Monday, August 30, 2021

Creating My Oki Style Antwoord Top

While browsing Etsy for some indie patterns, I recently discovered this gem of a designer Oki Bukhuu. She creates and sells her sewing patterns under the name OkiStyle. I was drawn to her unique style which she describes as "experimental and alternative." I decided to take a plunge and give her pattern a try. 

The Antwoord Top features an asymmetrical collar with cut-out half-round neckline and extended shoulders. I have posted a detailed review of the pattern at PatternReview.Com. This post will focus on the construction aspect of the garment focusing on the trickiest part which is the neckline. 

The top itself is very simple to make. It has only three pattern pieces--the bodice (which is a single piece that include both front and back already), the neckline facing and the collar. 

Pattern Pieces

The bodice piece is such a clever design.  It is cut on fold and that is how the front and back are created. There is no shoulder seam, no hole for neckline, no sleeves. 

This is the neckline facing which is cut as a single piece and interfaced.  It helps to mark the front and back corners as they are asymmetrical. The front has a curved edge to it as opposed to the back which is more pointed. 

This is the collar piece and it is cut twice. I only interfaced one of the pieces. The photo is that of the muslin version I made.  Next photo is the actual contrast fabric I used which is left over from a previous project. 


Transferring Markings

This part may be a bit confusing. The single pattern piece which is laid out on the fold of the garment does not have any specifications as to front, back, shoulder, etc. The only markings included are for the neckline facing attachment and although one is labeled front and one labeled back, they are both located on the same piece.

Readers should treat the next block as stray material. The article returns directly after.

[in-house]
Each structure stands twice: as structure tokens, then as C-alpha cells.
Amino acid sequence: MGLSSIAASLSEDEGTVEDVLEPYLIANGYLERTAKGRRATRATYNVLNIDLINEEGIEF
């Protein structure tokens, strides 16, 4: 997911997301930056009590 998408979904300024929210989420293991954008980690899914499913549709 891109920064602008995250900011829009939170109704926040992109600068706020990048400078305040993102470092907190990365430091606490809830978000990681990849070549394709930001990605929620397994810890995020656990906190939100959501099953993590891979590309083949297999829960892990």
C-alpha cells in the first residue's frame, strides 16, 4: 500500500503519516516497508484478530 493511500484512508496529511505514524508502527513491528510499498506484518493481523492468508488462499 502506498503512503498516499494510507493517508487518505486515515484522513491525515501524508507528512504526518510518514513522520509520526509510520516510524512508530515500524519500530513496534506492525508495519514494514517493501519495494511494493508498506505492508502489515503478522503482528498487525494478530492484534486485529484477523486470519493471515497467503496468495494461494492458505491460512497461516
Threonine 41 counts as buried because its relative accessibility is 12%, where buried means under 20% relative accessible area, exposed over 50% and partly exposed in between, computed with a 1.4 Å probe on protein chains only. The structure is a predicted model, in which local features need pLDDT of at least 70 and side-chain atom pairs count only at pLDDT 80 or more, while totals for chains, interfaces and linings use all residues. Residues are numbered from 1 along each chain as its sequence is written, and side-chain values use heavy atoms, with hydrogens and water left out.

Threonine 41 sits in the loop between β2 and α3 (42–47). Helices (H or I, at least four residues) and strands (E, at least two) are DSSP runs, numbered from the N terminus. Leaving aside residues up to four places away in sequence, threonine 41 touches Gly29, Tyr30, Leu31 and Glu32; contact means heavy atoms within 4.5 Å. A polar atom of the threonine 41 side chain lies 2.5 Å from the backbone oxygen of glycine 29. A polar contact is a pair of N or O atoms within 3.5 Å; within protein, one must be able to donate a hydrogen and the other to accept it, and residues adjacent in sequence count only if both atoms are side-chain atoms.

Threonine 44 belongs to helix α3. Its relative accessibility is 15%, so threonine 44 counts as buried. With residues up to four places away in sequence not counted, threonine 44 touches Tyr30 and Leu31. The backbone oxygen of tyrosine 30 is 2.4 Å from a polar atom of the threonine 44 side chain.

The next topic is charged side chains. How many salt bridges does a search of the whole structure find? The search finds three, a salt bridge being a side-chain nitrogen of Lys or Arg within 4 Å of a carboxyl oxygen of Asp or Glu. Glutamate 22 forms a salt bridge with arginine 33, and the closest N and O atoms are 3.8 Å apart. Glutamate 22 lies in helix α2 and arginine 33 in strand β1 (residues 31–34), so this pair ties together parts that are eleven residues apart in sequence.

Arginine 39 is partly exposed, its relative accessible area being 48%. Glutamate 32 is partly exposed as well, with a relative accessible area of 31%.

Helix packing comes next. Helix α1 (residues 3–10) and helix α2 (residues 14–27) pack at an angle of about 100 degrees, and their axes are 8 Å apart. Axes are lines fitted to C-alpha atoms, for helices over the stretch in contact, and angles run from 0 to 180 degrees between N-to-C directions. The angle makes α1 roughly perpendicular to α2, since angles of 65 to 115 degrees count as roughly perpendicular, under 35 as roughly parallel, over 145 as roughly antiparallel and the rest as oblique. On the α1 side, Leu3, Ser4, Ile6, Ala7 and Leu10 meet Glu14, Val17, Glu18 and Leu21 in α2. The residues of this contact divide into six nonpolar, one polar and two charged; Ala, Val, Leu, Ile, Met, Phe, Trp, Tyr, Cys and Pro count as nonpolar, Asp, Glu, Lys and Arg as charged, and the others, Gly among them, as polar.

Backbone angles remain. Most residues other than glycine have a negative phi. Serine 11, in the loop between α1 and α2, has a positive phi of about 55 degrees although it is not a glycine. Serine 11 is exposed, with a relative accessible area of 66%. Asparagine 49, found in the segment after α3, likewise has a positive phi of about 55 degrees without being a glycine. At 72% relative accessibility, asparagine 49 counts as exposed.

The trick is to trace the front marking to one side of the fabric while folded and then turn the fabric over and trace the back marking. The resulting marking should be a smooth curved one when fabric is unfolded. That will be used to match with the outer marking on the neckline facing. 

Some useful tips

Reinforce the corners with tiny stitches and square piece of silk organza prior to slashing. 

Mark the center of the markings to serve as guide for cutting. 

Clip curves before turning facing out. 

Here is a view of the half round neckline after facing has been turned. 

For the hem, I used narrow hemming following my favorite technique which you can read about here.

And now for some photos of the finished garment. 

Wednesday, July 28, 2021

Alabama Chanin Anna's Garden Fitted Top & Skirt

I made my first Alabama Chanin top four years ago and slowly but steadily I have been adding to my handmade collection. This time I made a matching top and skirt. I already blogged extensively about the process involved here and it includes some helpful info on materials used for the stencil and the sewing. For this post, I am highlighting the finished outfit with some pertinent details included. 

Here is a flatlay of the outfit. 

Front of the Top & Skirt

Back of the Top & Skirt

For this outfit, I layered two fabrics so I could use the reverse appliqué method. I used 100% organic cotton knit fabric purchased from Nina Chicago online store. The inner fabric is in camel and the outer fabric is called ruby red. 

This is the front of the top shown with stencil already painted on. 

Once again I used my favorite stencil, Anna's Garden. 

Here is a look at the stenciled front. I airbrushed it with Createx fabric paint in the color Pearlized Copper. 

For handstitching around the stenciled motifs, I used a variegated cotton thread. This is the Aurifil brand weight 12 in the color "Creme Brûlée" (no. 4150). This was my first time using this thread and of all the cotton threads I have used for my previous projects (that included Coats & Clark, Wawak and Alabama Chanin embroidery thread), I found this the easiest to work with. It hardly twisted and the texture is so smooth and silky!

Photos of work in progress. 

The front of the top after all hand stitching was completed. 

The magic begins! Cutting out the center of the motifs. 

Two front skirt pieces with hand stitching completed. 

Back of the skirt after the center back seam was sewn. 

Magic begins on the skirt!

And now the fun part--photos of the finished garments!

Back view with center back seam.

Front of the skirt has center back seam and waistline has 5/8" foldover elastic. 

1-1/4" self fabric binding on cap sleeves. Sleeves are only made of one fabric layer. 

1-1/4" binding on neckline. 

Skirt left unfinished.

View of inside. In case you're wondering, those knots and threads don't really bother me when I'm wearing the garment!

I really love how my outfit turned out! I cannot wait to begin another project!